More important, we must all be willing to speak up against our own “side” when it is in the wrong. The first question should not be “Which side are you on?” but always “What is the right thing to do?”

Teachers, Tests, and Gay Marriage

Quick: What do high-stakes tests have to do with gay marriage? Michael Petrilli argues that teachers who discourage students from taking the tests are like government officials who refuse to issue same-sex marriage certificates. Whether you like his argument or not, Petrilli is drawing on a long but ambivalent American tradition.

By now you’ve heard of Kim Davis. She is the county clerk of Rowan County, Kentucky. She has attracted national attention with her refusal to issue marriage licenses to same-sex couples.

Heroically flouting the Constitution?

Heroically flouting the Constitution?

Petrilli, in many ways the leading public voice of market conservatism in education, implies that progressives might not want to be so quick to condemn Davis’s pugnacious policy. After all, Petrilli writes, many progressive teachers these days encourage parents to opt-out of high-stakes tests. Are those teachers similar to Davis? Petrilli asks,

Here the question isn’t whether parents have a right to excuse their children from taking the state assessment. (They almost certainly do.) The issue is whether educators can face sanctions for encouraging parents to engage in an act of civil disobedience. Is that akin to refusing to give the test (which surely is reason for dismissal)? What if they merely inform parents of their rights?

As I argued in my recent book, this argument about the role of teachers has long roots. When it comes to educational culture wars, the winds have blown both ways. When conservatives felt that school law enforced their side, they insisted teachers must obey. When they felt otherwise, they lauded brave teachers who resisted.

Back in the 1920s, for example, William Jennings Bryan knew he had popular opinion on his side. He refused to allow teachers to teach evolution against the wishes of their local communities. As Jennings famously argued back then, “The hand that writes the paycheck rules the school.”

Similarly, when left-leaning teachers from the 1930s through the 1950s were thought to be too friendly to communism, conservative activists insisted on teacher obedience. In 1950s Pasadena, for instance, conservative leader Louise Padelford blasted progressive teachers who sought to drill suggestible students in the need for “social change,” rather than simply teaching “reading, writing, spelling, grammar, arithmetic, history, etc.”

When the shoe is on the other foot, of course, conservatives have praised teachers for bravely resisting the dictates of educational higher-ups. Writing from the Pacific Justice Institute, for instance, Brad and Susanne Dacus have offered teachers a handy guide for safely and legally evangelizing in public schools. Too many teachers, the Dacuses warn, cower before the seemingly invincible might of secularism. “Would you be willing,” they ask,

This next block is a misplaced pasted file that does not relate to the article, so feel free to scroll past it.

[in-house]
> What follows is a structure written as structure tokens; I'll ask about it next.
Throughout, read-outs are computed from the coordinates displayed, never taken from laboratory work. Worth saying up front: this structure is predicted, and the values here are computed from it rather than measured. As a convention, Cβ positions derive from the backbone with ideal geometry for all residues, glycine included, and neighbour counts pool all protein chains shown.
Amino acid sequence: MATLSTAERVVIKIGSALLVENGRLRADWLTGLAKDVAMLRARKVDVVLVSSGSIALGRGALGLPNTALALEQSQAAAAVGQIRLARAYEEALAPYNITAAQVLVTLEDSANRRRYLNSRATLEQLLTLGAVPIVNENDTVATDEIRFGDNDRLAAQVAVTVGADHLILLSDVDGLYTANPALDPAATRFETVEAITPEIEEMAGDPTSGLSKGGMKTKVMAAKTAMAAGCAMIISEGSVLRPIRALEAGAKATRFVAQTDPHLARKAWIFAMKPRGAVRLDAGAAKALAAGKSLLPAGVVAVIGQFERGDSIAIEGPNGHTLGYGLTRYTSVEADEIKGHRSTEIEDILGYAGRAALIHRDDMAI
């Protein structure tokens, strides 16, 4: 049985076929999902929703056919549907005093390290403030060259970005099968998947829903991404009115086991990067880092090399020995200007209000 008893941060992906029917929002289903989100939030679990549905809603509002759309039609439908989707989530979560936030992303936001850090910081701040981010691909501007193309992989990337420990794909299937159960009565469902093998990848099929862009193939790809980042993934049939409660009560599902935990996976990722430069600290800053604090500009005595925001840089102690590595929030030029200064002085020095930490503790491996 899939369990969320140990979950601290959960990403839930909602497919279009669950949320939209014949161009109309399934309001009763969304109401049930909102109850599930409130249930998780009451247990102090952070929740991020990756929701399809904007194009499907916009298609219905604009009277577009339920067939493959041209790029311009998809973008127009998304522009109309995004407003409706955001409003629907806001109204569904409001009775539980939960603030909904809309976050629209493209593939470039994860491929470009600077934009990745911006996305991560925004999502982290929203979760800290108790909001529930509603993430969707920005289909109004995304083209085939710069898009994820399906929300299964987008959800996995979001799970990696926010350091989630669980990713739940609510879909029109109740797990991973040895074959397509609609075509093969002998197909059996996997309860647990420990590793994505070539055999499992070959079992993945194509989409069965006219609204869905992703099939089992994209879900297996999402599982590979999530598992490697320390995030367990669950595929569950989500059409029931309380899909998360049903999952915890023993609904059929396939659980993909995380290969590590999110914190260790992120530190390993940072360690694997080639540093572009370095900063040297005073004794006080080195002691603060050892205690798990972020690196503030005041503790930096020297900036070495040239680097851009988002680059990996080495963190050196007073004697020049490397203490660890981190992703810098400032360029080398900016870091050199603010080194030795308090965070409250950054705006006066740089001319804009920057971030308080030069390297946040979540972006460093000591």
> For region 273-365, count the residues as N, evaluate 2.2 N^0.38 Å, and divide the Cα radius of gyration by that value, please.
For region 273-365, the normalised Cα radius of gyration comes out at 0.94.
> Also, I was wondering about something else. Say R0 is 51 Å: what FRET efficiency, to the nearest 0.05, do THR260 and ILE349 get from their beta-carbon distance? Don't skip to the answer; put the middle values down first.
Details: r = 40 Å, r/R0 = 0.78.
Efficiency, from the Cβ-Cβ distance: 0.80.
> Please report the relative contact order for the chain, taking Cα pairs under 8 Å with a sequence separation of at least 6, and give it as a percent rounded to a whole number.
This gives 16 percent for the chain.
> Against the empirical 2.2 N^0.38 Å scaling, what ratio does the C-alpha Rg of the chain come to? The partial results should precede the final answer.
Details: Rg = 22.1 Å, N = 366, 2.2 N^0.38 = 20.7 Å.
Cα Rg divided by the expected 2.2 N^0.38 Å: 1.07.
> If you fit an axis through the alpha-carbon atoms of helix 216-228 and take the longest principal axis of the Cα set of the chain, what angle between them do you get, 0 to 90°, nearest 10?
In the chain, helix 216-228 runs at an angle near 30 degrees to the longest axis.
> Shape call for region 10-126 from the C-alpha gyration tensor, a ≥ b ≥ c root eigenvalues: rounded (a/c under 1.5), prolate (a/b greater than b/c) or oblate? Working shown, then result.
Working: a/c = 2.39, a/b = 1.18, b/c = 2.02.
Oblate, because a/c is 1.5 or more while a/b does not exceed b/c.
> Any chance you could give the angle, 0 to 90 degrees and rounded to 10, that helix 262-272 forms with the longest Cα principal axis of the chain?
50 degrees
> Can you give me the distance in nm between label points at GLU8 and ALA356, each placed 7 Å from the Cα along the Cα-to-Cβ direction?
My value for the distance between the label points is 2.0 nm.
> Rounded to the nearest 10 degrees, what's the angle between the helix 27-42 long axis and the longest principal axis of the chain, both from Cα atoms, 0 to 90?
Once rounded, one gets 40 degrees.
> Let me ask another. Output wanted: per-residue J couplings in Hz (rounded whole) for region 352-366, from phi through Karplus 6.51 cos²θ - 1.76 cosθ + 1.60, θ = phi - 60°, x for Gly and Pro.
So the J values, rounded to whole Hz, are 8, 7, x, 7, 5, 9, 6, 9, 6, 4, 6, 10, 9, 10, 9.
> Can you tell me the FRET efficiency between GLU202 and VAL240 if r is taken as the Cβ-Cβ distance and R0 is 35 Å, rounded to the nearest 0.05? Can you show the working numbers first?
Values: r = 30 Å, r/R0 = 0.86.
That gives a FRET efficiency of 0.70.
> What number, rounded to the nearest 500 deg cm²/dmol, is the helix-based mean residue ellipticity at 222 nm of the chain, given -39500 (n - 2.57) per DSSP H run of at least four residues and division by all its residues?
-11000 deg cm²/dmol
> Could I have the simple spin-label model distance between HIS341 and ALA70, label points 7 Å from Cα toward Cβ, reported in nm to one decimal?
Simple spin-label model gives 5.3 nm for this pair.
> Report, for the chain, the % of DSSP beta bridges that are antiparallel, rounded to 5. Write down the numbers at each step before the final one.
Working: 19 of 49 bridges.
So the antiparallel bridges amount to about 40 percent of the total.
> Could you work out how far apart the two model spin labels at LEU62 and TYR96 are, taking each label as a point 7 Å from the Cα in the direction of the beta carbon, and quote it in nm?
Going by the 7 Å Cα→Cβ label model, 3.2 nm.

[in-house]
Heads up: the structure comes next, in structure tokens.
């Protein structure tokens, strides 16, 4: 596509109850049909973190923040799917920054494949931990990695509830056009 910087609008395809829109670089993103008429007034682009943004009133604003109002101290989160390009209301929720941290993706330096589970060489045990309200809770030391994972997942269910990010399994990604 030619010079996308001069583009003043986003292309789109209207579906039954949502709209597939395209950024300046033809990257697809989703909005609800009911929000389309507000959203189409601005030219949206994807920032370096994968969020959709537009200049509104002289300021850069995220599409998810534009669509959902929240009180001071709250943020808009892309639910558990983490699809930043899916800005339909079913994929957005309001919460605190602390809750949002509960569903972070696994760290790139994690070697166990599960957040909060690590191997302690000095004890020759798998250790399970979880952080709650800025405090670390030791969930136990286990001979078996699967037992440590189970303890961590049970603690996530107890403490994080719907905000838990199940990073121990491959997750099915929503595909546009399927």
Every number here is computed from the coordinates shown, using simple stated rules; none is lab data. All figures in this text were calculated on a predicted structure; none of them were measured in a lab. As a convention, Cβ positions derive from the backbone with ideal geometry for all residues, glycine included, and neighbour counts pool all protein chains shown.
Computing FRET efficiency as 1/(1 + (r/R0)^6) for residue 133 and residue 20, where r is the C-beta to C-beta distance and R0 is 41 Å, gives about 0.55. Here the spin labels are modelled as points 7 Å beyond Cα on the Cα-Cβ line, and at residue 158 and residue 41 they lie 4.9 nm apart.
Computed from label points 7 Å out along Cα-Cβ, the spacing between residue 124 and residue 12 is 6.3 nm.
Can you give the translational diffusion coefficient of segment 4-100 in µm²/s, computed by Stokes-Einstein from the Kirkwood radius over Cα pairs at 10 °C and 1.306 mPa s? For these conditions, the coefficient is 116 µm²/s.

to take a stand for the sake of the young, innocent children who are bombarded by a pro-homosexual agenda? As a parent, would you be willing to stand up for your child’s right to express his religious views? Many are timid about standing by the Word of God when it has the potential to create a ruckus. Reading through the Gospels reminds us that Christ was not afraid to make a ruckus in the name of truth. The New Testament, especially the book of Acts, focuses on the apostles’ goal to take a stand for the Gospel, regardless of the circumstances. We are not alone in this challenge. Be reminded of the verse in Joshua, which says,

“Be strong and courageous. Do not be afraid or terrified; do not be discouraged, for the Lord your God will be with you, wherever you go.”

To be fair, Petrilli will have none of this argument. He specifically notes, for instance, that public-school science teachers have a responsibility to teach evolution—and only evolution—as science. If they don’t like it, they can resign.

Petrilli’s argument, like those of other conservative activists going back a hundred years, relies on the fact that we Americans aren’t quite sure of what we want teachers to do.

Do we expect teachers to be brave rule-flouters, a la Dead Poets Society?

Or instead to we insist that teachers embody “the rules,” a la Principal Skinner?

The correct answer, of course, is “Yes.” We Americans expect the impossible of our teachers. We count on them to be both daring iconoclasts and sober rule-followers. We depend on them to encourage students to wonder and to inhibit students from wiggling.

So is Michael Petrilli right? Are dissenting teachers like dissenting county clerks? Only half. In the American tradition, teachers do indeed have to embody the rules and respect for the rules. But teachers also have to embody the right moral decisions, even when those decisions go against the rules.

Is THIS the Future for Christian Colleges?

Now what do we do? That is the question plaguing conservative college administrators nationwide. Since the Supreme Court decision in favor of same-sex marriages, many evangelical schools have wondered if they will have to change the way they do things. In Michigan, Hope College has announced its accommodation with the ruling. Will other Christian colleges do the same thing?

The gateway to the future?

The gateway to the future?

As the Sophisticated and Good-Looking Regular Readers of I Love You but You’re Going to Hell (SAGLRROILYBYGTH) are well aware, questions of homosexuality and same-sex marriage have long bedeviled evangelical colleges. For non-evangelicals, it might come as a surprise to hear that the issue is contentious. After all, at most evangelical schools, the official doctrine clearly and resolutely condemns homosexual activity.

Yet at all sorts of schools, the campus community is much more welcoming. At Gordon College recently, the president’s reminder that the school officially bans “homosexual practice” brought furious protests from students and faculty. Even at the far more conservative Liberty University, faculty members do not always take the harsh tone we progressives might expect.